Tuesday, April 26, 2011


By the time a child is 16 years old, 1 in 4 girls and 1 in 6 boys will have been sexually abused.  However, Dr. Susan Forward, one of the nation’s leading therapists, said that "Ninety percent of sexual abuse victims never tell."

Why is this?  Why do ninety percent of victims never tell?

It seems that we live in a society in which the topic of childhood sexual abuse is taboo.  So many people seem to want to ignore it and hope it will just go away or resolve itself, sweep it under the rug and figure no one will notice.  But any victim of abuse will tell you that the pain, guilt, and scars will not go away simply by ignoring it.

As a parent I know that if something happened to my child, I would want them to tell me.  I would want to help them in anyway possible.  I am sure most parents feel the same way.  However, children are often to tell because they are scared of getting in trouble, being treated differently, etc.  But far too often when a child does work up the courage to open her mouth, she is not taken seriously and we don't take action.  Or sometimes, we may make matters worse and confirm the child's fears, simply because we do not know how to handle the situation.  Something needs to change...

There is a culture of silence in our society when it comes to childhood sexual abuse.  In order to put an end to this horrible epidemic, there needs to be a fundamental change.

Why do you think this culture of silence exists?  What can we do to change it?

- James Huntington


  1. http://articles.mcall.com/2011-03-03/news/mc-bill-white-sex-folo-20110302_1_abuse-tammy-lerner-combat-child

  2. Thank you for sharing that article. If we just stand by in silence, the abuse will just continue undeterred. We need to stand up, break the silence, and end the cycle of childhood sexual abuse.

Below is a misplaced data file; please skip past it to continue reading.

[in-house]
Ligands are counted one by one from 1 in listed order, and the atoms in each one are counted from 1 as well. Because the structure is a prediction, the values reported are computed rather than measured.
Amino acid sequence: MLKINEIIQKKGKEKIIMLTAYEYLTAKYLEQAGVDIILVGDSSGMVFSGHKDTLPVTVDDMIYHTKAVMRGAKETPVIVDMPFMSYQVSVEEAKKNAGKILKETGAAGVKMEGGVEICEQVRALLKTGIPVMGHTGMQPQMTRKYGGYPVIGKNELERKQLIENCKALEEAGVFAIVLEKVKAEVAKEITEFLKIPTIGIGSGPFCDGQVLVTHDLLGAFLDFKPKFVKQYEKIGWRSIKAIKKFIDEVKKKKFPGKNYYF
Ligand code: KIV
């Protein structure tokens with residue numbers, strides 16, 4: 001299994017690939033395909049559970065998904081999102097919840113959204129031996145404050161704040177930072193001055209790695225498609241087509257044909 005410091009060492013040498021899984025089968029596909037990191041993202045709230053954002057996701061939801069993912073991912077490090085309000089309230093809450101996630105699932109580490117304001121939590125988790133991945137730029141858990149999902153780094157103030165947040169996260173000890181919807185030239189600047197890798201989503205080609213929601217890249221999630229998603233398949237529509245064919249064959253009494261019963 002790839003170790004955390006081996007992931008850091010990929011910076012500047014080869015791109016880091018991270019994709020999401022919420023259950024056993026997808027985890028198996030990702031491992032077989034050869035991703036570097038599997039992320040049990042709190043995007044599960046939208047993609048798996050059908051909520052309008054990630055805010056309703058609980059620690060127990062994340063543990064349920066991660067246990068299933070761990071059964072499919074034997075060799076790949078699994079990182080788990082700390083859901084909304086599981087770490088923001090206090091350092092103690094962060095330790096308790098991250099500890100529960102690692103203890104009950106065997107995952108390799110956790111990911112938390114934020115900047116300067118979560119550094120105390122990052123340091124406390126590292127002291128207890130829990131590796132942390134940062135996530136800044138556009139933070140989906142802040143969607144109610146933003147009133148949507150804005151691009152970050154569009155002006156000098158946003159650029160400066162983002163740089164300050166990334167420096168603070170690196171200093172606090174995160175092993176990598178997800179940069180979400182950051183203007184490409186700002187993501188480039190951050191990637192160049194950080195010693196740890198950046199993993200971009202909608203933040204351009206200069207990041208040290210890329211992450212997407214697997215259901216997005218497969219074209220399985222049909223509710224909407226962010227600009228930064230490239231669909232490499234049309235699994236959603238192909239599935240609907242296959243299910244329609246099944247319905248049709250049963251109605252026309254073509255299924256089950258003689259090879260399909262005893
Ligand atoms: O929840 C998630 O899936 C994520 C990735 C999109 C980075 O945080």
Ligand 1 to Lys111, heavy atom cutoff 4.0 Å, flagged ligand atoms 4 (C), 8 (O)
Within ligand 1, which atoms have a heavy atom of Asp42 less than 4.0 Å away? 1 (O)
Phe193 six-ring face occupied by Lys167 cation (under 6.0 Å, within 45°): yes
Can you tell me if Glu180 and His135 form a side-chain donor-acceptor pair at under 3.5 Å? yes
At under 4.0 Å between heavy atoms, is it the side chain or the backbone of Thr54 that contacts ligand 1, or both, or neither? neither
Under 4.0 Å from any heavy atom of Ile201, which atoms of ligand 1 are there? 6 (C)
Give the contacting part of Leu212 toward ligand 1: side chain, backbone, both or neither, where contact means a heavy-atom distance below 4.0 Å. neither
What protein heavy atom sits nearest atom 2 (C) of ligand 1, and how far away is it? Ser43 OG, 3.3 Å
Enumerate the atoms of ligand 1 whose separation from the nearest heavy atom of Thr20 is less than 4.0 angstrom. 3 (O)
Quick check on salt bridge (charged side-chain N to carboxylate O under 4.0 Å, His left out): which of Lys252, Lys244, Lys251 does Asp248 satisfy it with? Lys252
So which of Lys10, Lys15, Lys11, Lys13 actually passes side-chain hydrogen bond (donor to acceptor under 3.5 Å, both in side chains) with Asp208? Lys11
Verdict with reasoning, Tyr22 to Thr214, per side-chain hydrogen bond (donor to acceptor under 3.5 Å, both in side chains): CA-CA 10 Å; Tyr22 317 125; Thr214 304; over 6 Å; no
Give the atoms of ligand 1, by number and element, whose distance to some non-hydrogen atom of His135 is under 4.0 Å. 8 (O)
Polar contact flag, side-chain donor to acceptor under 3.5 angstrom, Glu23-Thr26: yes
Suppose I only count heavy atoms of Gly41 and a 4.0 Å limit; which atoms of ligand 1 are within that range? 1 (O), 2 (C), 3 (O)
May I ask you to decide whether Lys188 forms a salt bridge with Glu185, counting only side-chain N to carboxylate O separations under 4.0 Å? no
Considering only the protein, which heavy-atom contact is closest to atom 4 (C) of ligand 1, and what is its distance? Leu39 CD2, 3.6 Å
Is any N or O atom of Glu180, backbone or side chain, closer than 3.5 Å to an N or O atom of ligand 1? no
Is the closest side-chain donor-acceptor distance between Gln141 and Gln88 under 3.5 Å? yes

3. What can we do besides donate? Pittsburgh is so full of all kinds of abuse. It's so sad!

  4. It's seems like such a difficult thing to change, and I believe it is. We are talking about changing the way an entire society views something. Seems overwhelming, and I think that is why so many people do little to nothing about it. They just hope someone else will take care of it, and that just further perpetuates the silence.

    I am not a therapist or an expert by any means, but I think we need to start with ourselves and with our families. We need to create a "culture" within our families in which we feel safe and comfortable talking about the subject. Once we are successful at that, then we can take it to a community level. That is kind of my thinking. It's a difficult problem to solve, that is why I wanted to get people's opinions.

    Thanks for the comment Rachel!

  5. Thanks for your post James. Yes, we need to understand and break our own taboos before we can expect our children to challenge older people perhaps in positions of power over them.